"The Bible IS an interesting book," said the Story Girl, coming to Peter's rescue. "And there are magnificent stories in it—yes, Felicity, MAGNIFICENT. If the world doesn't come to an end I'll tell you the story of Ruth next Sunday—or look here! I'll tell it anyhow. That's a promise. Wherever we are next Sunday I'll tell you about Ruth."
"Why, you wouldn't tell stories in heaven," said Cecily, in a very timid voice.
"Why not?" said the Story Girl, with a flash of her eyes. "Indeed I shall. I'll tell stories as long as I've a tongue to talk with, or anyone to listen."
Ay, doubtless. That dauntless spirit would soar triumphantly above the wreck of matter and the crash of worlds, taking with it all its own wild sweetness and daring. Even the young-eyed cherubim, choiring on meadows of asphodel, might cease their harping for a time to listen to a tale of the vanished earth, told by that golden tongue. Some vague thought of this was in our minds as we looked at her; and somehow it comforted us. Not even the Judgment was so greatly to be feared if after it we were the SAME, our own precious little identities unchanged.
(Note: I really hope the caps lock words are a feature of the Kindle edition, and not the original, as they're kind of annoying.)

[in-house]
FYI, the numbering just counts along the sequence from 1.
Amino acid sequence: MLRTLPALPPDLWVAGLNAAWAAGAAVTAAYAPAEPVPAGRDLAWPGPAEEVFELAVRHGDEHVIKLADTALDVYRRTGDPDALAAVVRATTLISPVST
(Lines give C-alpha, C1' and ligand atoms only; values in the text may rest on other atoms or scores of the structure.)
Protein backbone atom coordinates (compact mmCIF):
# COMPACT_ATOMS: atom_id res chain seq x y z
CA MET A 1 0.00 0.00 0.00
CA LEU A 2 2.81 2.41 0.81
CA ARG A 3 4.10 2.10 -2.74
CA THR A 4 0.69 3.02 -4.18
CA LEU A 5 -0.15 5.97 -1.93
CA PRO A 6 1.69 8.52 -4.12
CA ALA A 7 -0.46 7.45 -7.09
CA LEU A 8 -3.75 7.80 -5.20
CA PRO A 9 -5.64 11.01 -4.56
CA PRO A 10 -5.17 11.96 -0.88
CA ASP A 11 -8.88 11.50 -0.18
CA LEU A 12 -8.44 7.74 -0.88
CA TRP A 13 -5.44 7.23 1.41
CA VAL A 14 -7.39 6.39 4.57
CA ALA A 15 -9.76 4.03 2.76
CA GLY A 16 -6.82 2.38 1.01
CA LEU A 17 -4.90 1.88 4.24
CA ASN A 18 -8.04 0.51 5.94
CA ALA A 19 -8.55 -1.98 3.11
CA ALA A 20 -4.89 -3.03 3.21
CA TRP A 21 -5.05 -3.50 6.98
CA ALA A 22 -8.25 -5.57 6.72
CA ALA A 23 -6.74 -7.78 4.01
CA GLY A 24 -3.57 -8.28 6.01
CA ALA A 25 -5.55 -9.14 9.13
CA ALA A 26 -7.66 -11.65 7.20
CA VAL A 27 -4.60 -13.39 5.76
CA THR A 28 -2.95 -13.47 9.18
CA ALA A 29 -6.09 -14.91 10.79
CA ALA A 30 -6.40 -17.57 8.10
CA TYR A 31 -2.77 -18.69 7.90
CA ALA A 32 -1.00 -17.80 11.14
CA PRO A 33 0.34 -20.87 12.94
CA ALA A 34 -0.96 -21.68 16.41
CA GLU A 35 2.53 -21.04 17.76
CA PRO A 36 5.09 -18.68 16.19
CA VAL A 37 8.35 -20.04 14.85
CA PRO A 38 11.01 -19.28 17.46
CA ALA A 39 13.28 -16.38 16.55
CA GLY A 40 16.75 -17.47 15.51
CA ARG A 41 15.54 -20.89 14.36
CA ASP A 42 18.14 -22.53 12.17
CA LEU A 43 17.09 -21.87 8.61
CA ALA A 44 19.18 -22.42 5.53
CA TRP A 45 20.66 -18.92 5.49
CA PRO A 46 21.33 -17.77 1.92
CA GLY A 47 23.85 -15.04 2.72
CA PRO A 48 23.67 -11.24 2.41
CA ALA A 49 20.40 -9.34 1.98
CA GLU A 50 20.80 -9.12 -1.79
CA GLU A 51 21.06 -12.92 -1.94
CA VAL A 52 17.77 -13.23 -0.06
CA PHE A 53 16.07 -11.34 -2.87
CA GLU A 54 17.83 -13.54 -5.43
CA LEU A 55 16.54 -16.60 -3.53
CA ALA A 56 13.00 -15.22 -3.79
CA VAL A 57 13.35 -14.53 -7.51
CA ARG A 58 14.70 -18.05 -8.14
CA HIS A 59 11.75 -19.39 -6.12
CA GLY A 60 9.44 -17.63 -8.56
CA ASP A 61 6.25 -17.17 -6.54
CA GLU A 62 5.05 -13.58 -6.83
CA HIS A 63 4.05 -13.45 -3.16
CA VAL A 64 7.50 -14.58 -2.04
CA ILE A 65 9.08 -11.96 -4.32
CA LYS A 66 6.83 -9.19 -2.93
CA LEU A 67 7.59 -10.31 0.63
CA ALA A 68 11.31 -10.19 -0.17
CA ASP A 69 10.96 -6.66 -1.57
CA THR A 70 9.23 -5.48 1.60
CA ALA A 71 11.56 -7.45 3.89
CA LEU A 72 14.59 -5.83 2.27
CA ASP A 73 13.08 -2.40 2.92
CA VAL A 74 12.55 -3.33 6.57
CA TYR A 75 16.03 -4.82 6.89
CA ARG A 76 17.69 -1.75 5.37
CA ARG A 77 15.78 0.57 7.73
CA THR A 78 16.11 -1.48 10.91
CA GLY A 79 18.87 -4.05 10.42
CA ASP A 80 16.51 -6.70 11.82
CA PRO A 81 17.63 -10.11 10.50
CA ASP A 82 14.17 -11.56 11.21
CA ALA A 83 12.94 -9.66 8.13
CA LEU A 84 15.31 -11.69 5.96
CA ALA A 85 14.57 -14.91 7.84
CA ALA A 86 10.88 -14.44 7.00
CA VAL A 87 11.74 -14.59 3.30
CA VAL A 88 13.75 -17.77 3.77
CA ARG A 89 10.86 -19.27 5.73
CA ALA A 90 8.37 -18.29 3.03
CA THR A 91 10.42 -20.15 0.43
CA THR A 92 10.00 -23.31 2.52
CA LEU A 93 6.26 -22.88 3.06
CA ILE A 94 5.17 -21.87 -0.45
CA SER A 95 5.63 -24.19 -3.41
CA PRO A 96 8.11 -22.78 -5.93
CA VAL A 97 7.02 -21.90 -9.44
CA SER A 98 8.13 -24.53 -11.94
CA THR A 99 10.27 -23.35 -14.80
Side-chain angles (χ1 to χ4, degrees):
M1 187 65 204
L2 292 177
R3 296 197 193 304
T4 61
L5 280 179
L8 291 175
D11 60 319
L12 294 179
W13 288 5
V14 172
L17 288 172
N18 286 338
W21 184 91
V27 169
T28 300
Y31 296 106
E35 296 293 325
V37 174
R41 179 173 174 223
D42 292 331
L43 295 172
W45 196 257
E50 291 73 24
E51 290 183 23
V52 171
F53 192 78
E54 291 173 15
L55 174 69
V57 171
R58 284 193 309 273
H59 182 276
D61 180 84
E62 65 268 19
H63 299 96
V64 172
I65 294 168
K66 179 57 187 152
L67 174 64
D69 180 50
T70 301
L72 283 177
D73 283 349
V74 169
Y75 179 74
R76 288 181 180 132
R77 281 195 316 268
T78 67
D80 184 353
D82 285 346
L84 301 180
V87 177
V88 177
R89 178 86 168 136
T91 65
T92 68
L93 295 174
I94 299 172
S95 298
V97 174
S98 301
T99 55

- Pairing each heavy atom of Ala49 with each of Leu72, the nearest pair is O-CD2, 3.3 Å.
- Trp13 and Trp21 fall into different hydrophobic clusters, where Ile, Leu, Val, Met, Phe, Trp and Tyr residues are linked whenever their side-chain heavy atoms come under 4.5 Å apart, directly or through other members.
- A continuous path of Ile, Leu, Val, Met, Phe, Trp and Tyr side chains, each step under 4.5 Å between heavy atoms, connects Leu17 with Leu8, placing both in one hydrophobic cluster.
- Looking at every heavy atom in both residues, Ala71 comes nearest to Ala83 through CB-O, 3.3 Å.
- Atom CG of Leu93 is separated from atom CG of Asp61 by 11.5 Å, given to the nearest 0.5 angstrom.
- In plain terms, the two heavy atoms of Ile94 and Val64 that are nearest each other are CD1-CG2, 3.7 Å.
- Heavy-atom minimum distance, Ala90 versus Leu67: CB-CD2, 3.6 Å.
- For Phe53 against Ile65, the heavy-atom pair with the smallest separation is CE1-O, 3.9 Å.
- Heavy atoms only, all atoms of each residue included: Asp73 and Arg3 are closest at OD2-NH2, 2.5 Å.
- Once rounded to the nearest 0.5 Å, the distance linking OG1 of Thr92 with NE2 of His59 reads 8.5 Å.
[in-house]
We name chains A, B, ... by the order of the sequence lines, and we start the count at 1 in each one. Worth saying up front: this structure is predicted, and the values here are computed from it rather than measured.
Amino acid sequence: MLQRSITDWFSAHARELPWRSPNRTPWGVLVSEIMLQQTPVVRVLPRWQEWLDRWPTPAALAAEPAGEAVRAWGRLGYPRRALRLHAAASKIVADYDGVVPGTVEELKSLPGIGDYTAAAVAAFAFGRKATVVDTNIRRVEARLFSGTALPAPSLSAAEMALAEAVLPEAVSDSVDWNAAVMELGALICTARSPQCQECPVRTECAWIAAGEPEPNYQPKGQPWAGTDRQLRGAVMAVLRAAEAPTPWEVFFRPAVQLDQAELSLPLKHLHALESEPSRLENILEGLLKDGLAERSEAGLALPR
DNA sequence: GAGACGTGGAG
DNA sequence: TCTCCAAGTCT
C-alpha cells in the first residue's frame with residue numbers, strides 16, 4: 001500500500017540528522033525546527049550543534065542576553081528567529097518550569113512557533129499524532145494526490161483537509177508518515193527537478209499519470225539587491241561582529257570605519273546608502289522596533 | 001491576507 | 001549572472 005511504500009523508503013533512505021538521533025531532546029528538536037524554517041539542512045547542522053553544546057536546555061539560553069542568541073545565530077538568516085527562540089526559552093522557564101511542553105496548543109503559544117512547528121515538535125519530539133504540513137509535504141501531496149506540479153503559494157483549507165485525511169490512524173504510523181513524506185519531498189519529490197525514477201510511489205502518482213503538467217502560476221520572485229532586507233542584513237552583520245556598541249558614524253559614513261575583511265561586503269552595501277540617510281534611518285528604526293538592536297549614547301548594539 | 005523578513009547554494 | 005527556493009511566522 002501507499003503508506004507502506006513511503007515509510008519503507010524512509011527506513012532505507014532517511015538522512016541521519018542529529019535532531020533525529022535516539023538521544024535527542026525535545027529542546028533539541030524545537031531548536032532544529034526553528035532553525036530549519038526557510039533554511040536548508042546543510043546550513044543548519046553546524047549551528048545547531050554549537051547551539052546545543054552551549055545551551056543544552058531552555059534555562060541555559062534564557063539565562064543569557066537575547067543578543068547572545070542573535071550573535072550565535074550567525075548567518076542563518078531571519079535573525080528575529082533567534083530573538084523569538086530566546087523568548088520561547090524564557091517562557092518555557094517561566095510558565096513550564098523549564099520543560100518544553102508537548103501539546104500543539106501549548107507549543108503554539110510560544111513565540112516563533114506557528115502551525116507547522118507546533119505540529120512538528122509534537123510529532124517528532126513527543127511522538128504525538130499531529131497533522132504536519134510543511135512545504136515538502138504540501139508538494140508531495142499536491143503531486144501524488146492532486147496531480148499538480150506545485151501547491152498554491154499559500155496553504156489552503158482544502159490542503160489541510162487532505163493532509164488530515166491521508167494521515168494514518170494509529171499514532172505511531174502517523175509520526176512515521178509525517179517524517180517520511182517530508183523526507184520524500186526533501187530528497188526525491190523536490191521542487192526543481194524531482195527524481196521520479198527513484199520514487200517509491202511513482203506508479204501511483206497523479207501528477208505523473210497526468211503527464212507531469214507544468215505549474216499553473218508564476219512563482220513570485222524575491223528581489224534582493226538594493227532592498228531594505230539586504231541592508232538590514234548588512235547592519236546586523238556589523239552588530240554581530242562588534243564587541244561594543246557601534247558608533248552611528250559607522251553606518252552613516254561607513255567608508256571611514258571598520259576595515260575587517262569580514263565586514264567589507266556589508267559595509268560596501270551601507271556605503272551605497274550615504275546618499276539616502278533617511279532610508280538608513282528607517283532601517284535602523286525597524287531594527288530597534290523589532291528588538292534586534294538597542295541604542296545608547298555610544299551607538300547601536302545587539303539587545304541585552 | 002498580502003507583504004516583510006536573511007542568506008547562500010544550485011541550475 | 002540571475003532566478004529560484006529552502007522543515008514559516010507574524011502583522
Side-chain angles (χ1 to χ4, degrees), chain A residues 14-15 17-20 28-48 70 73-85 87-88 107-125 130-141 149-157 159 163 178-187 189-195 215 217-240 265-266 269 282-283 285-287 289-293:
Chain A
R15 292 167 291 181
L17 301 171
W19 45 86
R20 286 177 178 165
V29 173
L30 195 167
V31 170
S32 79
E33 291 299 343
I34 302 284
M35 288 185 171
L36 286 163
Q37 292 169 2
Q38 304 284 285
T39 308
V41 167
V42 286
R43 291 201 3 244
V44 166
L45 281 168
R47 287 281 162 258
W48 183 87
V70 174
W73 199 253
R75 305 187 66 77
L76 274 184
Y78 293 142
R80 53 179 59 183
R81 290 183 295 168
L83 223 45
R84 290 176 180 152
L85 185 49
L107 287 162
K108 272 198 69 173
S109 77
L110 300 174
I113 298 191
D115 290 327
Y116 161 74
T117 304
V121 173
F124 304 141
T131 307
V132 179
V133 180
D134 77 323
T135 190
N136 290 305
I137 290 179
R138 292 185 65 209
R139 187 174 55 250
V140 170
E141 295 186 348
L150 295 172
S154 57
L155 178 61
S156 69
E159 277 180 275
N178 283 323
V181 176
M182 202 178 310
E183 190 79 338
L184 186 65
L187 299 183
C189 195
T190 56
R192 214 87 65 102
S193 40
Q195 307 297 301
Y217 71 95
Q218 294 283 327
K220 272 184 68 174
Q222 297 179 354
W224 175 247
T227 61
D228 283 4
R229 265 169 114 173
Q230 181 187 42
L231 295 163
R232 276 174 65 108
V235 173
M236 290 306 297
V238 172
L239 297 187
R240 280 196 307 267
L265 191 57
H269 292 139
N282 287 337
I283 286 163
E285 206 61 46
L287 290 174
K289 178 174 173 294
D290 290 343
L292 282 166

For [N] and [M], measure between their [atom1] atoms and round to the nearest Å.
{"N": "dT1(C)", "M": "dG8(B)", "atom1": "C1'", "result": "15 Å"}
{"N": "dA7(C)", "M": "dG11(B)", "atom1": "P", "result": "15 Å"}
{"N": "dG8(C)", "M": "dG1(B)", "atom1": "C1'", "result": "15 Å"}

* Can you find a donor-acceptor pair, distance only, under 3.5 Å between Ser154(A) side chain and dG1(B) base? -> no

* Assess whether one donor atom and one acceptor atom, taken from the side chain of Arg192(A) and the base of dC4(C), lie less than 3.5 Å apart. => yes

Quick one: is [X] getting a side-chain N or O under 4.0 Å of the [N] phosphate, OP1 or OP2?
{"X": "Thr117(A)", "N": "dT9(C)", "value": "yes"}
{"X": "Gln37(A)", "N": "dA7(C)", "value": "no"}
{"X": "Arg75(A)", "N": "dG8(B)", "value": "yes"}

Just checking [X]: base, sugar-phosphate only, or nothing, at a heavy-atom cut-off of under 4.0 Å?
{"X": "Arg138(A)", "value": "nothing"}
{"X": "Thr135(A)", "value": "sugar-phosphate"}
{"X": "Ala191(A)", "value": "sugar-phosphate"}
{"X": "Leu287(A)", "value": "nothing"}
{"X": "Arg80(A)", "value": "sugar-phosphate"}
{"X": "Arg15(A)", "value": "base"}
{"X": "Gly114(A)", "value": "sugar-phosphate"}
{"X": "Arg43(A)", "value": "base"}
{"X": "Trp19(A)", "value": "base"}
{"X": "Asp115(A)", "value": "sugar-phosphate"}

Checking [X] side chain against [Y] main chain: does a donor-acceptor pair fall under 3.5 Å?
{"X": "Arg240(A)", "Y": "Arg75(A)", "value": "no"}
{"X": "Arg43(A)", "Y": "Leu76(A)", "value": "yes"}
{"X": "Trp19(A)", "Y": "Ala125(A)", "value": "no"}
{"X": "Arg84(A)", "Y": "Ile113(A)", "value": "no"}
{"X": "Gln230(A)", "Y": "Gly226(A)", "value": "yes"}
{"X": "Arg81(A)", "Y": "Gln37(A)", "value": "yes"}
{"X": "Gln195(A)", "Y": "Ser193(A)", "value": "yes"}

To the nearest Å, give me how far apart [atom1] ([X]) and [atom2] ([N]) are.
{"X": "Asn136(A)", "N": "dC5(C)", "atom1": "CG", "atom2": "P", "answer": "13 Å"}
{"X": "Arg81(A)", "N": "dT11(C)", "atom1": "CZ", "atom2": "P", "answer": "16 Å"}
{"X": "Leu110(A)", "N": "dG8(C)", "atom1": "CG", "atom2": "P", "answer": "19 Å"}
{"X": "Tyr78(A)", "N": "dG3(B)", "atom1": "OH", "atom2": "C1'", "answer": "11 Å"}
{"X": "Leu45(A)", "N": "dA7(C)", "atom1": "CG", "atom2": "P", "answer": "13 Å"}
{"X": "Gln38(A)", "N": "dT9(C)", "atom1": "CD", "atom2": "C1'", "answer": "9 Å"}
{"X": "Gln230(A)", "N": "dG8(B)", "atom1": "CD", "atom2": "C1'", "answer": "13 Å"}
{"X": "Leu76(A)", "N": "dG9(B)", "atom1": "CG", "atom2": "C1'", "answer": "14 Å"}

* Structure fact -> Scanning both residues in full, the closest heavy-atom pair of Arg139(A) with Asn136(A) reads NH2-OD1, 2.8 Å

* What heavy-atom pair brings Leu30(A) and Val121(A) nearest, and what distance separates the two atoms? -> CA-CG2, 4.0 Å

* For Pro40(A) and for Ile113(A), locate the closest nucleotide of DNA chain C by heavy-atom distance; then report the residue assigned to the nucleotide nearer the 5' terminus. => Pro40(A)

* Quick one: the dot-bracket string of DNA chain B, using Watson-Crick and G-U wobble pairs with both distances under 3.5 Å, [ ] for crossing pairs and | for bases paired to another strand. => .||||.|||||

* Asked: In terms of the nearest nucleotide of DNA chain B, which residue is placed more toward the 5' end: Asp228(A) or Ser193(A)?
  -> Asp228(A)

Author: L.M. Montgomery
From Goodreads: Sara Stanley is only fourteen, but she can weave tales that are impossible to resist. In the charming town of Carlisle, children and grown-ups alike flock from miles around to hear her spellbinding tales. And when Bev King and his younger brother Felix arrive for the summer, they, too, are captivated by the Story Girl. Whether she's leading them on exciting misadventure or narrating timeless storiesfrom the scary "Tale of the Family Ghost" to the fanciful "How Kissing Was Discovered" to the bittersweet "The Blue Chest of Rachel Ward" the Story Girl has her audience hanging on every word.
Mini-notes: Pitched somewhere between novel and collection of vignettes, like many of Montgomery's books, The Story Girl is, more than anything, a slice of golden childhood—one summer, beginning to end. Again like many of Montgomery's works, however, the charm is less in the presence or absence of plot than in the characters. Sara Stanley was, for me, memorable; the others, mostly less so, but they were all lovable while I was going through the summer with them*.
Montgomery's sense of the poetic came off a touch heavy-handed here and there, especially at the end, but it never held back the sense of scene and setting and character that makes her well worth reading a century after the writing. There are reasons this novel isn't as commonly read as Anne's or Emily's or Pat's, but none of those reasons were strong enough to make me feel like I'd wasted my time. I read it on the airplane home from Florida, and it was a pleasant companion. For a relaxing afternoon read, I recommend it.
*I have to put in a good word for my next favorite, "the other Sara"—because no one else will. The desperate little legalist wound up close to my heart. Wish I had time to write her some cheerful fan fiction.